Missouri Transgender Inmate Sues After State Denies Hormone Treatment

“Without a change in policy, I’m not sure I will survive it.”

Özgür Donmaz/iStock

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A transgender inmate is suing the Missouri Department of Corrections over a policy that prevents her from receiving hormone therapy, despite recommendations from the department’s doctors that she receive it.

This lawsuit is part of a growing number of legal challenges brought by transgender inmates across the country who argue that prisons and jails have failed to protect them from sexual assault and provide them necessary medical care. These cases are being closely watched by the Department of Justice, which has been investigating the treatment of transgender inmates after issuing new regulations for how prisons should care for them.

The Missouri inmate, 37-year-old Jessica Hicklin, says hormone therapy was recommended by doctors at Potosi Correctional Center to treat her gender dysphoria, a medical diagnosis that’s often given when a mismatch between a person’s gender identity and biological sex causes severe distress.

Federal prisons are required to provide inmates with individualized medical care, including hormone therapy, but that’s not true at the state level. Missouri, like some other states, has what’s called a “freeze frame policy,” which means an inmate can only receive hormone therapy in a state prison if he or she was receiving it prior to incarceration.

A Missouri Department of Corrections spokesperson declined to comment on the case because the agency does not comment on pending litigation.

The lawsuit, filed on Hicklin’s behalf by LGBT rights group Lambda Legal, asks the court to declare Missouri’s policy a violation of the Eighth Amendment’s ban on cruel and unusual punishment, according to the complaint, filed on Monday.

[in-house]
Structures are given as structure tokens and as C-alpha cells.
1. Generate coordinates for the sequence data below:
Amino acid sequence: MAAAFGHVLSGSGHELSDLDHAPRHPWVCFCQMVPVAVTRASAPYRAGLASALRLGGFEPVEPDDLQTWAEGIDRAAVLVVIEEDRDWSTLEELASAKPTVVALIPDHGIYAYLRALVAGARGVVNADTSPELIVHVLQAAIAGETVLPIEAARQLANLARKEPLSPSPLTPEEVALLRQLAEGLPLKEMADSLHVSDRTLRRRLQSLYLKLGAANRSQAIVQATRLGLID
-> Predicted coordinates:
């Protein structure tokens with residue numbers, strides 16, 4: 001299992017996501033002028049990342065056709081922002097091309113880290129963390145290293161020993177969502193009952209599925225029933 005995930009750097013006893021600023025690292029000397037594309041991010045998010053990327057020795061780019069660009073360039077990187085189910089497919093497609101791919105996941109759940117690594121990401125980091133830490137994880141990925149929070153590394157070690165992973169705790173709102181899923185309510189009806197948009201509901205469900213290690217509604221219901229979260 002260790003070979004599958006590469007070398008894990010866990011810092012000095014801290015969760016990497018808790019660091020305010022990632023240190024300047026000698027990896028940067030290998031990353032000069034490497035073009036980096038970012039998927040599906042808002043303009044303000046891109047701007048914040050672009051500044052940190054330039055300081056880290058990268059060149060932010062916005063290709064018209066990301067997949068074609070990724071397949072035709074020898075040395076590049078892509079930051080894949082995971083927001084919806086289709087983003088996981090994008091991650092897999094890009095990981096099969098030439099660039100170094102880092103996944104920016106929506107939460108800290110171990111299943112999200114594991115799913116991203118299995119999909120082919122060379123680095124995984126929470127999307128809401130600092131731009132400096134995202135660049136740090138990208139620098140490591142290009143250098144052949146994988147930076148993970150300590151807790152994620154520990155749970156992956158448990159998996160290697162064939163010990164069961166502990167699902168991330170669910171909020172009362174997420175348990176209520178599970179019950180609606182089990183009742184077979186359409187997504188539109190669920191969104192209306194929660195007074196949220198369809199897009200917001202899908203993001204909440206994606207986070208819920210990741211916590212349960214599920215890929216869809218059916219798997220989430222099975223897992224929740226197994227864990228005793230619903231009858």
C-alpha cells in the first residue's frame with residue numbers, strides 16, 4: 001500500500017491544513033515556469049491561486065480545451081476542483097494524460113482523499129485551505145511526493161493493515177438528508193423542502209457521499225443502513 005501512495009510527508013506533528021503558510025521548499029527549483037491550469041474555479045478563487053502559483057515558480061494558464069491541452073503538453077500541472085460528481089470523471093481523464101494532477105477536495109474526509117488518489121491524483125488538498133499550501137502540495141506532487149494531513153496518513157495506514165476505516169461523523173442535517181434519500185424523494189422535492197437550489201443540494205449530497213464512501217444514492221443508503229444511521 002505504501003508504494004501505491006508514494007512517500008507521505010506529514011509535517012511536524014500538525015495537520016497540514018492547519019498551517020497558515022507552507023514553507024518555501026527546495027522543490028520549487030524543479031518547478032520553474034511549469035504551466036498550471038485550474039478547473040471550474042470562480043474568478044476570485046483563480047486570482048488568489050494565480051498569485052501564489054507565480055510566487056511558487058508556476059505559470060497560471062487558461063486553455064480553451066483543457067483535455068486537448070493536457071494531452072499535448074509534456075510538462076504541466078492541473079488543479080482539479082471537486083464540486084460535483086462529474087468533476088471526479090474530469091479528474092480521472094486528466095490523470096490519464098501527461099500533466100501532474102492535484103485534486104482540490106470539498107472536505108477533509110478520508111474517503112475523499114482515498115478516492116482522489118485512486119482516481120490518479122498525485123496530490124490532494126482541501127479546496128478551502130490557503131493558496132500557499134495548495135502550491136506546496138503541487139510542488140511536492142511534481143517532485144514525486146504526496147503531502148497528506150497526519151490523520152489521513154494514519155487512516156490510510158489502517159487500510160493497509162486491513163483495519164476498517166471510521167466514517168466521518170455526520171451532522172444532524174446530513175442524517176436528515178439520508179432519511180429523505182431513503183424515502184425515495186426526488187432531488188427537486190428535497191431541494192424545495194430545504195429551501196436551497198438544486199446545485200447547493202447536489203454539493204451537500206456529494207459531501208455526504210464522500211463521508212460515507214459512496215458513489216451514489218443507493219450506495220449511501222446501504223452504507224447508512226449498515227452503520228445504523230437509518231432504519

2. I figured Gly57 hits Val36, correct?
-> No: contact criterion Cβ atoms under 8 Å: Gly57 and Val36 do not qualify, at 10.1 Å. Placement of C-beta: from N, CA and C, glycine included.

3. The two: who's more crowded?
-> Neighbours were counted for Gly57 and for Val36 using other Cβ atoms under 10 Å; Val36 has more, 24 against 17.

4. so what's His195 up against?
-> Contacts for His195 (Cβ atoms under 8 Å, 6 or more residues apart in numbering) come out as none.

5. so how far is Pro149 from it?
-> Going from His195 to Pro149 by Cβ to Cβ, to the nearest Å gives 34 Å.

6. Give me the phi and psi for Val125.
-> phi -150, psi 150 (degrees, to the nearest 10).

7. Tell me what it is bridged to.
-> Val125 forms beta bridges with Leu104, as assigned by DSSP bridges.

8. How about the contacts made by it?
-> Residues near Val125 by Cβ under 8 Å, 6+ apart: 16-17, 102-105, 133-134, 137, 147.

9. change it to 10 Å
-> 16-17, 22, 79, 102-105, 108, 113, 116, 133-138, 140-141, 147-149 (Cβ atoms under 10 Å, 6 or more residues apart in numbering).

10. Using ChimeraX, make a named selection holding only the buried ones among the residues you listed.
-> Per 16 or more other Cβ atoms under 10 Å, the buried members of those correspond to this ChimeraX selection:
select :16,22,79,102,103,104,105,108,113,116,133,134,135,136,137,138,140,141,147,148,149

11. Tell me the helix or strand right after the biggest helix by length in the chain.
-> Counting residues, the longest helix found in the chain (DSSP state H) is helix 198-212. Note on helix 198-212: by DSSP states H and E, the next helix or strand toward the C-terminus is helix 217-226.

Hicklin, who was diagnosed with gender dysphoria at the correctional center in 2015, says she has experienced panic attacks, sleeping disturbances, a loss of appetite, and a desire to self-mutilate as a result of her untreated condition. Hicklin has been incarcerated for 21 years and is serving a life sentence without possibility of parole for first-degree murder.

“I feel as though…I am locked in a prison within a prison—my body,” she said in a statement. “This personal prison is much crueler, and without a change in policy, I’m not sure I will survive it.”

Last year, the Department of Justice weighed in on a similar case in Georgia, where a transgender woman named Ashley Diamond sued the state’s department of corrections for its freeze frame policy in February 2015.

Georgia’s Department of Corrections changed its policy and began giving Diamond hormone therapy, though her lawyers said other transgender prisoners in the state are denied treatment. Diamond settled her case and was released from prison in August 2015.

“Freeze-frame policies and other policies that apply blanket prohibitions to such treatment are facially unconstitutional because they fail to provide individualized assessment and treatment of a serious medical need,” DOJ officials wrote to the Georgia court.


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